- Content marketing
Content marketing and commerce have been linked since the dawn of publishing.
Content marketing and commerce are intrinsically linked and have been since the dawn of publishing - advertising placements opposite related content in magazine and on website are commonplace.
The thinking being that if you’re interested in X subject, then Y product is going to fly off the shelves when it’s placed in X’s vicinity. Sadly, that’s not always the case. Consumers are pickier than ever and there’s more choice than ever. That means they’re not nearly as keen to click that ‘buy now’ button before they’ve done some research…
Back in the bad old days, marketers learnt much from an old editorial/advertising ‘fudge’. The advertorial (or advertising feature) was – and still is – three very different things to the different people involved in their creation:
To the journalist creating the advertorial it’s an unwelcome distraction. Journalists, for their sins, often follow the path of least resistance and this is never more the case when creating an advertorial.
To the ad team that manage to sell the advertorial, it’s the ultimate cash cow. Sure the bread and butter display ads pay the bills, but get a decent advertorial away and that’s where the real money is made.
To the marketing team, it’s the dream ticket. Advertising masquerading as editorial, combining the brand’s marketing message with the trusted voice of an editorial team.
But the advertorial is the hammer and anvil approach to modern content marketing – crude, messy and downright dangerous in the wrong hands. Modern content marketing is about a nuanced approach to sales. If your objective is to drive sales directly from content as opposed to brand awareness, then there are better approaches than the haphazard hoodwink that is the ‘advertising feature’.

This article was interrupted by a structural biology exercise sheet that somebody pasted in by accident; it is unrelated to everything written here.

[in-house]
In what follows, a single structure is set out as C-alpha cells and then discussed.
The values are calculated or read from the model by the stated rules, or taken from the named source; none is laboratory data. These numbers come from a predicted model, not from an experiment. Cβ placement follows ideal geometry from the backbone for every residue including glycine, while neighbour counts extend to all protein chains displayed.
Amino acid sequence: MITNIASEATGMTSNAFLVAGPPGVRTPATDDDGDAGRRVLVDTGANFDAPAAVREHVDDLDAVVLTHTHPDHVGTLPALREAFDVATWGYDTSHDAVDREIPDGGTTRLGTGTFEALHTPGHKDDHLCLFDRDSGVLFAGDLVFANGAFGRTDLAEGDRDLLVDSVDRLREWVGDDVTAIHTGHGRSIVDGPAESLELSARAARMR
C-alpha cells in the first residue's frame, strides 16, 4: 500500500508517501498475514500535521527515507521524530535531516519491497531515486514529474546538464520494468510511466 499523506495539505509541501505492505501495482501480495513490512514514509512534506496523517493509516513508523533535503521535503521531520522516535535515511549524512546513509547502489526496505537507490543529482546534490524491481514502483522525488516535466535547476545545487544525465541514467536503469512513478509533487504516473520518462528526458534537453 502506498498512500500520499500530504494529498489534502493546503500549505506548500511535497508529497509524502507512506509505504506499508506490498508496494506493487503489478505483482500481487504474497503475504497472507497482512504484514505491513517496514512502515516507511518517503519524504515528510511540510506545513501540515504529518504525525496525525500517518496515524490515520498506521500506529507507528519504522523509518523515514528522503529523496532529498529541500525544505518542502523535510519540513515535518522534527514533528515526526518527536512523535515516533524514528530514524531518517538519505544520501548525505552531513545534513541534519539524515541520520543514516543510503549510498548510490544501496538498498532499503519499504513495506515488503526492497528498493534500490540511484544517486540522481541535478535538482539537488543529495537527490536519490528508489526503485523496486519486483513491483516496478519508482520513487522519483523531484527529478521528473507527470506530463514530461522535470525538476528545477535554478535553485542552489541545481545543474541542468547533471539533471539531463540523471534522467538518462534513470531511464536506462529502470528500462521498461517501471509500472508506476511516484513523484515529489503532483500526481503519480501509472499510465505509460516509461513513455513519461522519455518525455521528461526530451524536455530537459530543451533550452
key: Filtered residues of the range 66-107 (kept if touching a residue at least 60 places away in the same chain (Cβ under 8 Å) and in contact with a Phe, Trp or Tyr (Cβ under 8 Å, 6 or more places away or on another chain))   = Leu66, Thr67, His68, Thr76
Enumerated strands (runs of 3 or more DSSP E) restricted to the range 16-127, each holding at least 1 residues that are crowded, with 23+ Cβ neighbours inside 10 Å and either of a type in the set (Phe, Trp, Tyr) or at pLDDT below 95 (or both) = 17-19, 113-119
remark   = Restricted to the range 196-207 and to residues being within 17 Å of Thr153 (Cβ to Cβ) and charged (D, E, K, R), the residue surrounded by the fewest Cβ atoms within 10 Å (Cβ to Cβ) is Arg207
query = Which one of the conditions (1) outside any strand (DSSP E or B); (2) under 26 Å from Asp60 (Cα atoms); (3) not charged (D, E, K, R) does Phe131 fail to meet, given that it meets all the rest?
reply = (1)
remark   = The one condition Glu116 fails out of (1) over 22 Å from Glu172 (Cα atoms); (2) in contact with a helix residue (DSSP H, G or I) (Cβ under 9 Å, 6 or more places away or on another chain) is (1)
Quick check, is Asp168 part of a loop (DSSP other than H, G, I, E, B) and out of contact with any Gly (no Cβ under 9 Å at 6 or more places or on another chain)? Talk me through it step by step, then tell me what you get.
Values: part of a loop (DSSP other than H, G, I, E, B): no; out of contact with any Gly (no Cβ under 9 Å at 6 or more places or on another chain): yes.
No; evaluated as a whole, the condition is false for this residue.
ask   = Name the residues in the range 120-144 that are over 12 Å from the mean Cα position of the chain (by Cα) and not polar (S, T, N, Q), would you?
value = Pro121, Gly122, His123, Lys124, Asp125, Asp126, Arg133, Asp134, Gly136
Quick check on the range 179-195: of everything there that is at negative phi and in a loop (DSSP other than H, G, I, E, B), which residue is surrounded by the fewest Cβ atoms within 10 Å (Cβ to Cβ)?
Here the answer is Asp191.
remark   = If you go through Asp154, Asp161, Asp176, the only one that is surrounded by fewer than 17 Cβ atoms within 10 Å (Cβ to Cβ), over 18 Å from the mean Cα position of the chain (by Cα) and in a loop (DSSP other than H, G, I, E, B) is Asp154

And so often an advertorial is so badly executed you could argue the brand behind it may as well have paid half the money for a straight display advert and then designed the whole thing using Microsoft Word.
Inspire. Engage. Inform.
Content and commerce have long been intrinsically linked, but modern content marketing adds a full raft of greys to the black and white of editorial versus advertising. Nowadays the measurement metrics have become more sophisticated – you can measure a whole raft of engagement variables – so it’s no longer a case of advertise in magazine A, increase sales by Y that month, move X percentage of profit to further advertising in magazine A.
It’s worth considering point nine in the Mediablaze 10 cast iron rules of content marketing - ‘Don’t shortcut the sales process’. Shortcutting the sales process is a dangerous game to play. Telling people what to buy is a lot easier once you’ve convinced them that they do want to buy something. And this is where content marketing really comes into its own. It’s about education, inspiration and ultimately aspiration and it’s that which will lead to a direct impact on a business’s bottom line.
Convince potential customers of their desire to buy and give them useful, insightful and downright desirable content to consume and half the battle to convert them to sales has already been done.
Which is easily done when you’re the voice of a trusted editorial brand, right? But not so easy when you’re a brand with the ulterior motive of having something to sell.
Half true. Inspire, inform and engage consumers and you have something vastly more powerful than a banner ad that clicks through to a ‘buy now’ button. Give potential customers the ‘What’ and the ‘Why’ and then watch them choose the ‘When’ for themselves.
Does your a content marketing strategy create a ‘desire to buy’ with your customers? If not then you may want to drop us a line, we’d love to help – firstname.lastname@example.org